To the country to be full-time cultivars of the spirit

I now have the warm socks, the woolen ones; they came in the mail yesterday. I’m told the wood is stacked up in the shed, ready in case the power goes out. We’re supposed to pick up an axe (the old one looked a shame, even to a novice such as myself) as well as a chainsaw for the place but we can’t do that until we get there. So that’s about that, I guess: it’s only a question of time–a few weeks; in god’s eyes, no time at all–before we head out for the mountains and snow. To the woods and the snowy mountains where we hope to be full-time cultivars of the spirit.

It already feels like we’re gone. I was restless yesterday, wasn’t quite sure what to do with myself, what to make of myself and my time. (More tea? The teabags hang, defeated and cigar-smoked, this morning.) I’ve been anticipating the days of quiet, of quiet thinking and writing, of conversations with far-off conversation partners, the seasons of change, the time without disturbance, but yet–and here I don’t mean to romanticize–we’ve also been preparing for the cold and the noiselessness, there where there will be no busyness, nothing but nature’s open stirrings. The neighbors have advised us to leave the car below the steep driveway so that the car won’t be snowed in. We have entrusted ourselves to fate, to fortitude, and to the pace of our living patience.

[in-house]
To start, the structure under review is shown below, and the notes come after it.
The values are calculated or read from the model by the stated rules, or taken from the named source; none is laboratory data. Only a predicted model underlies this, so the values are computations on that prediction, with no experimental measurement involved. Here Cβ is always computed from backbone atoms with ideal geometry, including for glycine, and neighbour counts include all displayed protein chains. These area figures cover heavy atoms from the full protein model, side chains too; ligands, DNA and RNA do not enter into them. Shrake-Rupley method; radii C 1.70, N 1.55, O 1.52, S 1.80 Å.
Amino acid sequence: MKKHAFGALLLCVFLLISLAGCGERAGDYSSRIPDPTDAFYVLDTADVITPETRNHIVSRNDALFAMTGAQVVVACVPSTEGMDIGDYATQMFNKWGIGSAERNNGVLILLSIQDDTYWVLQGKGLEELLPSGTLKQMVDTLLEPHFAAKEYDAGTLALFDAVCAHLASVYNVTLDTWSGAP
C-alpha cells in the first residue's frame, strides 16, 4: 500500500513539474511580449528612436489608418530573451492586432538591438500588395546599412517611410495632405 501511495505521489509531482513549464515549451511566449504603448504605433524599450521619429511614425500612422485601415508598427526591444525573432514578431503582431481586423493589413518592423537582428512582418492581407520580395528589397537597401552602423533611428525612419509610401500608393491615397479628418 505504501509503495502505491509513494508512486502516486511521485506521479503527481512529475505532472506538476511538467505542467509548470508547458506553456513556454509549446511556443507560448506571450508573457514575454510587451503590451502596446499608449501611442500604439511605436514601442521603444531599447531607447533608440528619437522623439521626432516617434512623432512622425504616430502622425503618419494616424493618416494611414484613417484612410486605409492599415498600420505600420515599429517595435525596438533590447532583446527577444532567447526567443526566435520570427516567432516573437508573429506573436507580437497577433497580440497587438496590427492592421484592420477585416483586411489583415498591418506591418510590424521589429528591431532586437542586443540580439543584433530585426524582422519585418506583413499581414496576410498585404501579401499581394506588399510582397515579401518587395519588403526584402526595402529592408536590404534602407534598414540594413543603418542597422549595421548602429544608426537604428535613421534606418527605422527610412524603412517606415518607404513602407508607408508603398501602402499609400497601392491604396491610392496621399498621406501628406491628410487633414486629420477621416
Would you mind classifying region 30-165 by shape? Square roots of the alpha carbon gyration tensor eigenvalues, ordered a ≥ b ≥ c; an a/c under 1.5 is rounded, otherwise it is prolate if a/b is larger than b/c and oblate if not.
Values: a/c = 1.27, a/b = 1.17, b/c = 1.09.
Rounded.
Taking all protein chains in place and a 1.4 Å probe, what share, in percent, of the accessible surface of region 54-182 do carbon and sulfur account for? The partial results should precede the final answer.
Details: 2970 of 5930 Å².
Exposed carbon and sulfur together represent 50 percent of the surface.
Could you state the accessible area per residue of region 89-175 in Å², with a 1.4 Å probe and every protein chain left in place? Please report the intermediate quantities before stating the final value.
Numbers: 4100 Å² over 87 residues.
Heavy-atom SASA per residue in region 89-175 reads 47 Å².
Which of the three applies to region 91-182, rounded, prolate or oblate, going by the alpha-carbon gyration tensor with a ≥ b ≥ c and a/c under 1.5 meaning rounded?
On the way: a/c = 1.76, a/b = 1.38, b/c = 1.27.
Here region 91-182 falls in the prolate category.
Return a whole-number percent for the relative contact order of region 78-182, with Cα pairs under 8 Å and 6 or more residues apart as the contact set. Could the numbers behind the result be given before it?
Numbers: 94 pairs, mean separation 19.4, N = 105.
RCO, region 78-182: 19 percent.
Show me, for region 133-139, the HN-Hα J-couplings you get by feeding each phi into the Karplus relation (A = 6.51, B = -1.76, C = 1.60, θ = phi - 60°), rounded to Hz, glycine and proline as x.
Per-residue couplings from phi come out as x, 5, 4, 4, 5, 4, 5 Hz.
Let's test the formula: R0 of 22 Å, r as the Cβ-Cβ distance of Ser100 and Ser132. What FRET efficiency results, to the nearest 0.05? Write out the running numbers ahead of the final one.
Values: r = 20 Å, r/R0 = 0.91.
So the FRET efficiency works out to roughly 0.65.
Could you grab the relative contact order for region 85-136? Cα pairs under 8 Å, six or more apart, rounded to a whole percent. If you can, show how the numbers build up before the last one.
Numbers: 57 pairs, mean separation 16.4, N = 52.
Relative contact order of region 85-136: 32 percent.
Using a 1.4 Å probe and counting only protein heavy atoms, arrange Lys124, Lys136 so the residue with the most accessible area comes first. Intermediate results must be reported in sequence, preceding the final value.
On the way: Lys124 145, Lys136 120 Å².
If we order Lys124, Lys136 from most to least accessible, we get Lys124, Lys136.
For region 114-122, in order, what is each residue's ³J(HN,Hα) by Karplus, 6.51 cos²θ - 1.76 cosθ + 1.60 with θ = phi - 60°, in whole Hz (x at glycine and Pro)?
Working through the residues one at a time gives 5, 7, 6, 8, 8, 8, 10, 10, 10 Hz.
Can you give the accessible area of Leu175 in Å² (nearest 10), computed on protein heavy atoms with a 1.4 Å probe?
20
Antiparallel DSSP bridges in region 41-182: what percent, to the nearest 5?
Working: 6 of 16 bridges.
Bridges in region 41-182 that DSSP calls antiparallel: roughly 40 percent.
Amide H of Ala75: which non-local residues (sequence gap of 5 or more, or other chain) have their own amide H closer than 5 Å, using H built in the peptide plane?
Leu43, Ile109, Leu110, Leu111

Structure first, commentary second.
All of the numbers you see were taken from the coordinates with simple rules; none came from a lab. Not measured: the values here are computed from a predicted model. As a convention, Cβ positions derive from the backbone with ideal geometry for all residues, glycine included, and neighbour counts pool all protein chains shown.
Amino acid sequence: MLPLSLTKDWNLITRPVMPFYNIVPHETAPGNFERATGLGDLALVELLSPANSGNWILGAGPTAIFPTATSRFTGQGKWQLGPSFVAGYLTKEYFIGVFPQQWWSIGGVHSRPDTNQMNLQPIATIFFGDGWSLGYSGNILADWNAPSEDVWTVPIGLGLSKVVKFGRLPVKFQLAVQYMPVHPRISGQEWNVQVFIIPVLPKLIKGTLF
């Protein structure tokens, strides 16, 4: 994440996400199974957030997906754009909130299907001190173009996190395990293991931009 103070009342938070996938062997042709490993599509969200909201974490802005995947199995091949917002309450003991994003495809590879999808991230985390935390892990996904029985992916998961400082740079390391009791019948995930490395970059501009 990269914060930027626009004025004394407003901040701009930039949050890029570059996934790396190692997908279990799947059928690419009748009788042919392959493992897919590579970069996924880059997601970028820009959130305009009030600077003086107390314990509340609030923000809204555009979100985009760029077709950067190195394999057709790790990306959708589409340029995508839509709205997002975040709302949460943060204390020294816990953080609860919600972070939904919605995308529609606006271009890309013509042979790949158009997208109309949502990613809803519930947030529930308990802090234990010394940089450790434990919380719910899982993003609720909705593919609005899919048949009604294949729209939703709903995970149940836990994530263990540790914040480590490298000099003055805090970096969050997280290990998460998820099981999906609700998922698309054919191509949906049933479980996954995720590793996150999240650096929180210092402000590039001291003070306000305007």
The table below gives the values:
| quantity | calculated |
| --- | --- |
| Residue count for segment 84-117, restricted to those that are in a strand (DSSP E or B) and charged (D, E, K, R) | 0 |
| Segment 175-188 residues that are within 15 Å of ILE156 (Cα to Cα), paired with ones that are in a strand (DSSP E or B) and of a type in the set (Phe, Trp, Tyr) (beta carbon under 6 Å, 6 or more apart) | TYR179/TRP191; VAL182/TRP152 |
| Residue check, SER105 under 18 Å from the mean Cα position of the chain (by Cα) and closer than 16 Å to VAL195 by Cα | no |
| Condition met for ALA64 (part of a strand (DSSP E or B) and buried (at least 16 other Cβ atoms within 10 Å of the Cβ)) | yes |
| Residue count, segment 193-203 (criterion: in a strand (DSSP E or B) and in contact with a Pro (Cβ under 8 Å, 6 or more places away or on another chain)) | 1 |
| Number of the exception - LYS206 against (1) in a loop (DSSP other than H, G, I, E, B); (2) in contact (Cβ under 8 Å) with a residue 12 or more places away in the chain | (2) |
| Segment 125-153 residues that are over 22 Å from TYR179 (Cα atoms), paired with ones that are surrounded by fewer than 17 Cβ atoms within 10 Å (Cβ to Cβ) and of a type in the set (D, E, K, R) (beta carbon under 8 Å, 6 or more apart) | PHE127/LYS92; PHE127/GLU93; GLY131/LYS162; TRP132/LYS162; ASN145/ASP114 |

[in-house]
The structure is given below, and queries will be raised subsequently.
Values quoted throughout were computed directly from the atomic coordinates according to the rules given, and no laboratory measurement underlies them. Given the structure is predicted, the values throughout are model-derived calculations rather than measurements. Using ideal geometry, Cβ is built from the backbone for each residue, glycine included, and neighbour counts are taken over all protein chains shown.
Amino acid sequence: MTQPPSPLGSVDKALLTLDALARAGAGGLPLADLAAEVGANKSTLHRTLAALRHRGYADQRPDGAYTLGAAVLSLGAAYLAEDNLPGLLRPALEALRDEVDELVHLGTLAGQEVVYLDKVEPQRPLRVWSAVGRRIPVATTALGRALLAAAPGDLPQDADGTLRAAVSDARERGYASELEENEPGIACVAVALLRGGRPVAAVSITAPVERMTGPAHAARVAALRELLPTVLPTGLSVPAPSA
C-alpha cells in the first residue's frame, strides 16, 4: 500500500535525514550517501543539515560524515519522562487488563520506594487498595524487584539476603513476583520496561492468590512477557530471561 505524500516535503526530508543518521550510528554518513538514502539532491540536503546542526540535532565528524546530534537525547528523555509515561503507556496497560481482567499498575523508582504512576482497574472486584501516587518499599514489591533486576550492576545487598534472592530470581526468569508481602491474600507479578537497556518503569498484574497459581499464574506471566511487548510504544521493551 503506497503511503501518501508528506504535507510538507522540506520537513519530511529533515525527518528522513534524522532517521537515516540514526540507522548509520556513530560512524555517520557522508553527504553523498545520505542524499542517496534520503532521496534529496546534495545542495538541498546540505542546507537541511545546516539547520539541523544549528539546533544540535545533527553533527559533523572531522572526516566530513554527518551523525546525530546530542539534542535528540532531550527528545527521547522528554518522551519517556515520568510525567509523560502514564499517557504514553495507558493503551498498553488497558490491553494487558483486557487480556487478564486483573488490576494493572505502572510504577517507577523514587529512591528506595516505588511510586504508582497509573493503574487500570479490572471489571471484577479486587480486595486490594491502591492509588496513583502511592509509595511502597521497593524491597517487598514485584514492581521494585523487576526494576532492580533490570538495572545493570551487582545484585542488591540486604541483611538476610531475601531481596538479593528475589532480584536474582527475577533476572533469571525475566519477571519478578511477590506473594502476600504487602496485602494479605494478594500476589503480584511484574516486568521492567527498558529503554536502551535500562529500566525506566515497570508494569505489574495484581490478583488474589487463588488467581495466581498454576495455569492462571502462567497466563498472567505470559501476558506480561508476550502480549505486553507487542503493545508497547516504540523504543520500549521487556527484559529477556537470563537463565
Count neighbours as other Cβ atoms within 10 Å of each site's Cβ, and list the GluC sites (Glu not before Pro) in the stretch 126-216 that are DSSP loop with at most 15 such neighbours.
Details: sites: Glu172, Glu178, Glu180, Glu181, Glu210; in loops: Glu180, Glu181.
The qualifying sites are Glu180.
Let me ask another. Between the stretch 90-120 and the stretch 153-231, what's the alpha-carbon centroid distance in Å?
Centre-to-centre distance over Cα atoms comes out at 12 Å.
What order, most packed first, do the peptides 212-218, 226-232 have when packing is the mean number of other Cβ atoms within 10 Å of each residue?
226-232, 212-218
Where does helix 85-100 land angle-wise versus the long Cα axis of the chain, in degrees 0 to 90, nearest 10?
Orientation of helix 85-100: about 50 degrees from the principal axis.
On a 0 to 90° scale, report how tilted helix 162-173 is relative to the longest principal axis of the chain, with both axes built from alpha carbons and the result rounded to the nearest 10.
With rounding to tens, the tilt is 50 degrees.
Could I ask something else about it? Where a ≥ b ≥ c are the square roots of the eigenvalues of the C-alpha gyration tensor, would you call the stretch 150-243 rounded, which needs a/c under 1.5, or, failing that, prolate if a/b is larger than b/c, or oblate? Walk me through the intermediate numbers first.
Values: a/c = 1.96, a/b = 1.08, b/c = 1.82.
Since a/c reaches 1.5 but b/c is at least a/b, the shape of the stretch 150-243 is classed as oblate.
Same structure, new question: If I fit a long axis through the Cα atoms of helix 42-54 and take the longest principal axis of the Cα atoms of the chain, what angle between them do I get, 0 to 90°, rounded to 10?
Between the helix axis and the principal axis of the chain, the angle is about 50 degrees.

I believe I’m leaving the city with about as much as I arrived with. (Give or take.) The sports coats, once hung for academic interviews, were donated to Goodwill. The books are mostly sold or gifted save my copy of Plotinus. So, I’m leaving with less than I came with… well, no. I came without savings and have, elbow over elbow, season over season, paid off most of my debts and managed to make my modest fortune. Which is perhaps what coming to New York, for us wayward ones, is and has always been about. Making something of oneself, making oneself into something: making, self-fashioning anyway. I often hear: “If you make it in New York, you can make it anywhere.” Well, I don’t know. All the same, goodbye Upper East Side, you friendly friend, you sanctuary and bivouac.

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